Many people ask me what they should do to lose weight. The better question is what should I do to manage my weight so I don’t gain unnecessary pounds, yet I have enough energy to do the things I want to do, such as run, walk, or jog recreationally.
It turns out that fit individuals usually abide by a set of weight management guidelines that govern their daily eating. The following ten weight management guidelines will give you an idea of what they tell themselves about their eating. You shouldn’t expect to abide by all of these guidelines immediately, but you should use them as a starting point for thinking about your current nutritional regimen.
One: Raise your metabolic level with daily exercise. Aerobic exercise burns energy and weight lifting builds muscle that burns energy. Don’t guilt-trip yourself about missing a day of exercise; and don’t obsess about it, either. Do exercise activities that you enjoy.
Two: Adjust your eating to your exercise level. Lots of exercise allows you to eat more, which is important because we need a variety of nutriments in our diet. If you overeat one day; under-eat the next (it’s called a mini-diet). Otherwise, don’t diet.
Three: Have three small meals and one snack every day. Never miss a meal. A hungry body turns much of what you eat to fat as a hedge against what it perceives to be starvation. Have real meals, consisting of whole foods which are good for you. Avoid the junk food solution. Desert food counts for calories, but it doesn’t make a meal.
Four: Eat when your body tells you it’s time to eat. Don’t eat between meals or when others tell you it’s time to eat. Never allow yourself to become hungry or starved.
Five: Eat minimally—until you are satisfied; not until you are full or stuffed. All centenarians have one thing in common: they eat 1500 calories a day. Americans, by contrast, average 3000+ calories a day. Know your optimum meal portion. Don’t exceed it. Eat just enough to last you until the next meal time—about three or four hours.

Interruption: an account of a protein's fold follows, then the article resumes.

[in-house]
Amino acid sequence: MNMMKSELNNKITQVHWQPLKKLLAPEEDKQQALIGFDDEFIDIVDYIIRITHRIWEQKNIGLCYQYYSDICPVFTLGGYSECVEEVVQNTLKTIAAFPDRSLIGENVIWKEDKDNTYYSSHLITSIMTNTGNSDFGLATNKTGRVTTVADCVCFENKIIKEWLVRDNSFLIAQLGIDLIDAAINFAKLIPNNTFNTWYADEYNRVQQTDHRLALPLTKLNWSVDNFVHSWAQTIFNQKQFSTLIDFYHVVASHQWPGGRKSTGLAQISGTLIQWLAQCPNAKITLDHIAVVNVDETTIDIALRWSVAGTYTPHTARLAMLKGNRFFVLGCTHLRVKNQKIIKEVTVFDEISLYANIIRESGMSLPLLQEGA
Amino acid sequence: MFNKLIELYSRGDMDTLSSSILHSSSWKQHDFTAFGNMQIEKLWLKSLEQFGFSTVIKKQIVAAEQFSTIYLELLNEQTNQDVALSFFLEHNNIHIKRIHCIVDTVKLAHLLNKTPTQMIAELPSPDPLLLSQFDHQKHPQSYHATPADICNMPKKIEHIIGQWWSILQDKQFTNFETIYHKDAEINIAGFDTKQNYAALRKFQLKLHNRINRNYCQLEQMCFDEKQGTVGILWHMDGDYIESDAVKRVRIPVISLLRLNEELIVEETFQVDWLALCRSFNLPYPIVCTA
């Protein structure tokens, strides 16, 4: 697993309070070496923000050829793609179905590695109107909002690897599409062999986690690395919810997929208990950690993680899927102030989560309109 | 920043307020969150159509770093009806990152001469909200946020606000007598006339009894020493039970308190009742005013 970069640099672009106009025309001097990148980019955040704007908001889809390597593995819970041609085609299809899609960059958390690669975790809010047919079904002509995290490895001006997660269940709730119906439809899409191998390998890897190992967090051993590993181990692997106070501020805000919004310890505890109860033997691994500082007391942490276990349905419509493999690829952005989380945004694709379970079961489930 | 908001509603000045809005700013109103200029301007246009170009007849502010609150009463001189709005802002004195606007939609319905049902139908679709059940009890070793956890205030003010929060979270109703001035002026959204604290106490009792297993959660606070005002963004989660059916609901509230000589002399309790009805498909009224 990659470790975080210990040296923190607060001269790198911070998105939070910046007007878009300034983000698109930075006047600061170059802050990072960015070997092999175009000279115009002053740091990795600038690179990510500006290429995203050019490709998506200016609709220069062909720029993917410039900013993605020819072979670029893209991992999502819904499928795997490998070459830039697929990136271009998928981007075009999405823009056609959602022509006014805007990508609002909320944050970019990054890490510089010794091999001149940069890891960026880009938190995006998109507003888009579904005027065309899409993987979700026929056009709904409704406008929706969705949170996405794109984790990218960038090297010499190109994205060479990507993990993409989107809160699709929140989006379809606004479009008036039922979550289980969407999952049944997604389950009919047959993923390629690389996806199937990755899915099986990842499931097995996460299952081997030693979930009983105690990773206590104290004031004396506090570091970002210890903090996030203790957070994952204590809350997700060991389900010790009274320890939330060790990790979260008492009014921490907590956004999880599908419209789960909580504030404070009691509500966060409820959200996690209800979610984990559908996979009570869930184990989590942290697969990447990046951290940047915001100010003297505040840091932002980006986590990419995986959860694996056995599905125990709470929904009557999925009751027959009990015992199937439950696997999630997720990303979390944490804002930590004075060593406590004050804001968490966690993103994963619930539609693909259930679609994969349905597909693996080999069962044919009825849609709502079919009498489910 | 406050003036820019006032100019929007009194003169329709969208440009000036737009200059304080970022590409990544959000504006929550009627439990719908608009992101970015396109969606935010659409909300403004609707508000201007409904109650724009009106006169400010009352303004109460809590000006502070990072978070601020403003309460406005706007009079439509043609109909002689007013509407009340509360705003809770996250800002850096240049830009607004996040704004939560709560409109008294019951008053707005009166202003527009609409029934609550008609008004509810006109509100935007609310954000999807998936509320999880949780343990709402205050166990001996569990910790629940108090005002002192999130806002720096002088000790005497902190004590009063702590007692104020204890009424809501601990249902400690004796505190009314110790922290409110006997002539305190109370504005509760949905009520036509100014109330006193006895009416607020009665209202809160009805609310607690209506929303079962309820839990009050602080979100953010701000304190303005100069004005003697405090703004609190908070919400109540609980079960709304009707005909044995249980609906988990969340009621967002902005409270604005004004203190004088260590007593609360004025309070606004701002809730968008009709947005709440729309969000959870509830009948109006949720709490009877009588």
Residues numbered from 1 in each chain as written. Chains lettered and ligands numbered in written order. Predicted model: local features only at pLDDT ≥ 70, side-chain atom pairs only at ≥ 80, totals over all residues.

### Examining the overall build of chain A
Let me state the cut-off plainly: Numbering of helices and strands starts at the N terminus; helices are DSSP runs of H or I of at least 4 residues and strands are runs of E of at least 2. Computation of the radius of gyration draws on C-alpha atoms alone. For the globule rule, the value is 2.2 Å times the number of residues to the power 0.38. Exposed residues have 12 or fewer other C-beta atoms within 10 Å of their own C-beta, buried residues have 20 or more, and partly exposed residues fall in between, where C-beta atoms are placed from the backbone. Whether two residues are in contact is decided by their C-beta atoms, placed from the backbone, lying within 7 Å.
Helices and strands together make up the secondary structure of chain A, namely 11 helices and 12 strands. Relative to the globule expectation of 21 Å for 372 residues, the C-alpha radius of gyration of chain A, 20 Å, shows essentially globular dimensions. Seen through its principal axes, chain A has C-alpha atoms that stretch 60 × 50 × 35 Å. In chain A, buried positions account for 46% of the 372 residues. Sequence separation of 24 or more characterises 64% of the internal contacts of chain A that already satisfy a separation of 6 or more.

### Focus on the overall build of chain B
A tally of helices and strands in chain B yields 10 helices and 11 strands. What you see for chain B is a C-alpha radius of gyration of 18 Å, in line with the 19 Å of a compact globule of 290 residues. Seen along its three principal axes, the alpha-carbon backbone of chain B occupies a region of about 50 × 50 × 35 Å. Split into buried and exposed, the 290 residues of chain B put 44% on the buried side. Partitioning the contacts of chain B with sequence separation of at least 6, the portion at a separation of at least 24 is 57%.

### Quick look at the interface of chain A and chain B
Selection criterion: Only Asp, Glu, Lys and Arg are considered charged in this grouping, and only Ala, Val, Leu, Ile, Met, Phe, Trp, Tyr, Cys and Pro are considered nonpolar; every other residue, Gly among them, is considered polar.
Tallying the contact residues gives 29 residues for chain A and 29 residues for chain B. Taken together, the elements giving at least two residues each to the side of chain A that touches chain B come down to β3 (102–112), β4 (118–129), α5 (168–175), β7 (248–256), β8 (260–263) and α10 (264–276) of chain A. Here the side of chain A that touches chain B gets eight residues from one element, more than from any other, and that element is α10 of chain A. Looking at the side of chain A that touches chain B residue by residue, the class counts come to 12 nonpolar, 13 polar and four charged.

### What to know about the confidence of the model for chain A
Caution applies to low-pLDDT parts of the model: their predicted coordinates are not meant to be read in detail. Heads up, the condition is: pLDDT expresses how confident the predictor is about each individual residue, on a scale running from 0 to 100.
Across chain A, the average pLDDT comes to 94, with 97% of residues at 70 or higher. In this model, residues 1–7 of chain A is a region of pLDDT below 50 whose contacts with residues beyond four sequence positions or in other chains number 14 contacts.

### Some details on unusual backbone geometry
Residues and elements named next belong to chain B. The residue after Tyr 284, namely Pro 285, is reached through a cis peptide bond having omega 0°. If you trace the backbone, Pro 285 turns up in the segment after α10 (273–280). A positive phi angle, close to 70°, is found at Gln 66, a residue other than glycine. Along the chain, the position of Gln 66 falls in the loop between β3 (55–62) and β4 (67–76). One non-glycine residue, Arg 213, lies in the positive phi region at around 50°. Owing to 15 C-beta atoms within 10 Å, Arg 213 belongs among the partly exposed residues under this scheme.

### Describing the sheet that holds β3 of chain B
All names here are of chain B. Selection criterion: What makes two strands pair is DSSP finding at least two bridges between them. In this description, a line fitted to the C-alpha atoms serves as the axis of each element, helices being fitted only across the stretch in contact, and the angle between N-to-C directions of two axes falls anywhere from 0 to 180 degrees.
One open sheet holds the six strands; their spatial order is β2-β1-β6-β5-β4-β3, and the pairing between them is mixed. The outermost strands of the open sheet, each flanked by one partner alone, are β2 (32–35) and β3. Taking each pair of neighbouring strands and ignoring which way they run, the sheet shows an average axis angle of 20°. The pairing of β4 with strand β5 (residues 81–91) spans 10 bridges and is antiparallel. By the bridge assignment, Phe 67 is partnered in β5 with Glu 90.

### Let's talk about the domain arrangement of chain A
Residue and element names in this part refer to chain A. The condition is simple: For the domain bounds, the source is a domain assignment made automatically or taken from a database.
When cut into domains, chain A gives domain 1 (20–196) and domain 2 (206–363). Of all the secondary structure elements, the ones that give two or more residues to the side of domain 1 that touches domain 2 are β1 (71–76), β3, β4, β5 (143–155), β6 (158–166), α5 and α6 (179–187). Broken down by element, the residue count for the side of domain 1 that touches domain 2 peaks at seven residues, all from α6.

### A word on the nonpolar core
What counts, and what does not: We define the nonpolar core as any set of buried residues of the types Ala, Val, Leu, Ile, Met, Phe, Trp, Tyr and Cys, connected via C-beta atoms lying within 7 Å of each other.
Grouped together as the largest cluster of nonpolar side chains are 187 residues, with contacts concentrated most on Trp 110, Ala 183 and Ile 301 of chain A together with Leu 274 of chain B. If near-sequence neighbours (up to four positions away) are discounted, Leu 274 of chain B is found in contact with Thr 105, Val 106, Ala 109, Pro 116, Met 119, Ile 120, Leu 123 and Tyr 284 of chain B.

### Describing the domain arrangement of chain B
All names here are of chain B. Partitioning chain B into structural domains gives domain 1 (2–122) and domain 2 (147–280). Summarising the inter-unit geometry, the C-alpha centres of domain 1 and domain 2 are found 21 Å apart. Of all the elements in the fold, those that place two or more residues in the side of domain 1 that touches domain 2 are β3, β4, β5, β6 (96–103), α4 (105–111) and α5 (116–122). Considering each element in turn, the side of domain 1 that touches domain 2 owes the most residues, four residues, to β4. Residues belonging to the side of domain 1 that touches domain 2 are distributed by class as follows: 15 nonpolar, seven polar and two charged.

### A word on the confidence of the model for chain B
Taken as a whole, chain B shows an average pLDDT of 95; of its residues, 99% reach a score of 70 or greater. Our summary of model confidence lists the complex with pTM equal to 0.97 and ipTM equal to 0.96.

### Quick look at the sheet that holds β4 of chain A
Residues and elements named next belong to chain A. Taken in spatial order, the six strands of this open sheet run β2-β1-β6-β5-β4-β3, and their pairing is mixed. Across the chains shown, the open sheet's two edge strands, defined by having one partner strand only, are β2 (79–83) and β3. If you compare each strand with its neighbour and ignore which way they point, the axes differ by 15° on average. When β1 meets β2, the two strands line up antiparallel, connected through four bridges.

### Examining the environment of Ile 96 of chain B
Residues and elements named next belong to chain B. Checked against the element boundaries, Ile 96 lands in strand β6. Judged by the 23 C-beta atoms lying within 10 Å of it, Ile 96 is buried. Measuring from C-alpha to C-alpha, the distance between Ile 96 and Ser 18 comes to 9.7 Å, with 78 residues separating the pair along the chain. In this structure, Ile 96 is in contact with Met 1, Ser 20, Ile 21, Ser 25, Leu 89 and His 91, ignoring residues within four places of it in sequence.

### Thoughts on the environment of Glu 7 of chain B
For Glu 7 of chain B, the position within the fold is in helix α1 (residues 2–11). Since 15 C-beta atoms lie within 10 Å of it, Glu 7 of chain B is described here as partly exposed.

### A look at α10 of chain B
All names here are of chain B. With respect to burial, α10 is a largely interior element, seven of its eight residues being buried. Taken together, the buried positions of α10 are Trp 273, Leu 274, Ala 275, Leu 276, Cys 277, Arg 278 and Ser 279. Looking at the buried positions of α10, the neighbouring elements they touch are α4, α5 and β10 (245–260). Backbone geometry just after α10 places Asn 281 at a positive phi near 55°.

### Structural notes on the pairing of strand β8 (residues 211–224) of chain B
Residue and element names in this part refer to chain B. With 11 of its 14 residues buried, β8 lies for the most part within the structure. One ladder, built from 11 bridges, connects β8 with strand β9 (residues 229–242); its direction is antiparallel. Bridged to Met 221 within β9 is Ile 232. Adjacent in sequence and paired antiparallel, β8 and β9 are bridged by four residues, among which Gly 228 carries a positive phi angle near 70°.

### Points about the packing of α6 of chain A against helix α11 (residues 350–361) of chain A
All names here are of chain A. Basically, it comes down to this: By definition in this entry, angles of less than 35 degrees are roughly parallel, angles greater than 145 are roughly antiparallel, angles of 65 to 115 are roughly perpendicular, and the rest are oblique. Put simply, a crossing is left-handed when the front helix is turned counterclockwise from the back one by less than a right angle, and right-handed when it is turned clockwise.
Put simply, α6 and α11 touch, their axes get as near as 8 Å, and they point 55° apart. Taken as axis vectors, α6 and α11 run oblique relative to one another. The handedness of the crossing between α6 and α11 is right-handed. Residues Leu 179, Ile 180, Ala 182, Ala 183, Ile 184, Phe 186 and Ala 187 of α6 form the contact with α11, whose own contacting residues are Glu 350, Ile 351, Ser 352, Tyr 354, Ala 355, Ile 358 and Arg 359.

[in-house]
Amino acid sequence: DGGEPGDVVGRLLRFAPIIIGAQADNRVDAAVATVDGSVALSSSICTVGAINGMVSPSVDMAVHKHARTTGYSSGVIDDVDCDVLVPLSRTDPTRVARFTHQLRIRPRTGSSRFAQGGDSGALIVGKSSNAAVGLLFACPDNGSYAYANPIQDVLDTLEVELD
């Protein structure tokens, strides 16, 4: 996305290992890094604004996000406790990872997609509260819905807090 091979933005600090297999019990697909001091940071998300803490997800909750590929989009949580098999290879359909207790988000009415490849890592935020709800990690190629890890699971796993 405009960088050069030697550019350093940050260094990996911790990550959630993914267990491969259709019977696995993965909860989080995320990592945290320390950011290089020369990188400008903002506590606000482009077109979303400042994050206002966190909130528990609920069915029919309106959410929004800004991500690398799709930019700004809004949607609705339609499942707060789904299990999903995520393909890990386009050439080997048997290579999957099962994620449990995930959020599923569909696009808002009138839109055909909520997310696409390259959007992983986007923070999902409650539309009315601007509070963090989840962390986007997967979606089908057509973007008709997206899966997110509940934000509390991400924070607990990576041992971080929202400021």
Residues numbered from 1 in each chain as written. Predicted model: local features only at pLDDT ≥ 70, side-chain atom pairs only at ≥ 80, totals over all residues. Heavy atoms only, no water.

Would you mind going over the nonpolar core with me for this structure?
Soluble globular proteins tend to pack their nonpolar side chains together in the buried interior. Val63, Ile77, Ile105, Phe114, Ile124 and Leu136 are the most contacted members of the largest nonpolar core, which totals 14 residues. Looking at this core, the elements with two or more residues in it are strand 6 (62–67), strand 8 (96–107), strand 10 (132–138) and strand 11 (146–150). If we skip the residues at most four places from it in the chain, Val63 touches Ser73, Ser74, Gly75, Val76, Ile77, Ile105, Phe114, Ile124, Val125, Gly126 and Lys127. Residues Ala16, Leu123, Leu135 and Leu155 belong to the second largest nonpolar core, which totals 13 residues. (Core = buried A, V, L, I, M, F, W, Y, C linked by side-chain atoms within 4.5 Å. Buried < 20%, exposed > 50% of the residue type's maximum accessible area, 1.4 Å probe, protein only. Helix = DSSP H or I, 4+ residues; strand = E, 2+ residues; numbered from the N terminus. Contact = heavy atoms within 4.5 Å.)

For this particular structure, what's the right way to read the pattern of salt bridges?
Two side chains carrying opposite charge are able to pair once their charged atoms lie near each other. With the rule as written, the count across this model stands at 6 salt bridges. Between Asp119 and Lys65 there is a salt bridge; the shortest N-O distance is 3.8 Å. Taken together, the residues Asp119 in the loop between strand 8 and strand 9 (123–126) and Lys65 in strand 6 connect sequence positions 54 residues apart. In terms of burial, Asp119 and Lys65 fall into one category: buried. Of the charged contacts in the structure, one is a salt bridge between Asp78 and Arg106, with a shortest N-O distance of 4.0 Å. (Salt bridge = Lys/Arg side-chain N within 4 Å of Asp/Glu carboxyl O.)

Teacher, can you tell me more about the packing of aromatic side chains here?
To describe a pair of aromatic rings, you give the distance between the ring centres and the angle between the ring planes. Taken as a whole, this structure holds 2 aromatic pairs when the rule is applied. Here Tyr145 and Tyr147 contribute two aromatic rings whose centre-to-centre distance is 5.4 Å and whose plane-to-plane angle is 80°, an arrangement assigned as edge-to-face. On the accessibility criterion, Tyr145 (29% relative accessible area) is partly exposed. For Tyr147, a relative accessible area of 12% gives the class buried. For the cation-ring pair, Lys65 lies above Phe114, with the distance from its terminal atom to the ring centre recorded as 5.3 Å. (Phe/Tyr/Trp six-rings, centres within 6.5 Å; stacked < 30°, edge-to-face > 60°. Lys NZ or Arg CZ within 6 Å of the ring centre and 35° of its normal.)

Six: Don’t rush your meals. Allow yourself real meal breaks. Eat slowly/chew your food a lot. Overweight people don’t chew; they merely position their food for swallowing. Have a life. Your work will be there when you finish eating. Read a good book while you eat.
Seven: Eat a variety of foods that you enjoy. Eat fruits and vegetables on a regular basis. Build them into your daily meal routine. Eat fruit for breakfast. Eat a balanced diet of carbohydrates, fat, and protein. Note on body composition: If you eat 25% fat, your body will be 25% fat. Same with 30%. Don’t regularly buy or have any or the following around: ice cream, soda, booze. Caveat: You can eat or drink anything, as long as you don’t consume a lot of it.
Eight: Substitute good foods for bad in your diet. This is a life-long process and part of the fun and challenge of learning about nutrition and how it applies to you. Pay attention to foods that make you feel good (i.e., they give you more health and energy, as opposed to making you feel good emotionally, but bad physically). Avoid eating comfort foods just because they are comfort foods.
Nine: Be responsible for buying, preparing and portioning your meals. Your health and fitness depend on what you eat; it’s your responsibility. Therefore, even if others want to do the buying, preparing, and portioning of your food for you, you must take control of your life by deciding what you will eat, when you will eat, and how much you will eat.
Ten: Be aware of your fitness mission/identity. Life is transformational. As such, you are becoming an endurance athlete. What do you want to look like? How do you want to feel? How much are you at stake for being fit? What happens if you do a good job at it? What happens if you mess it up?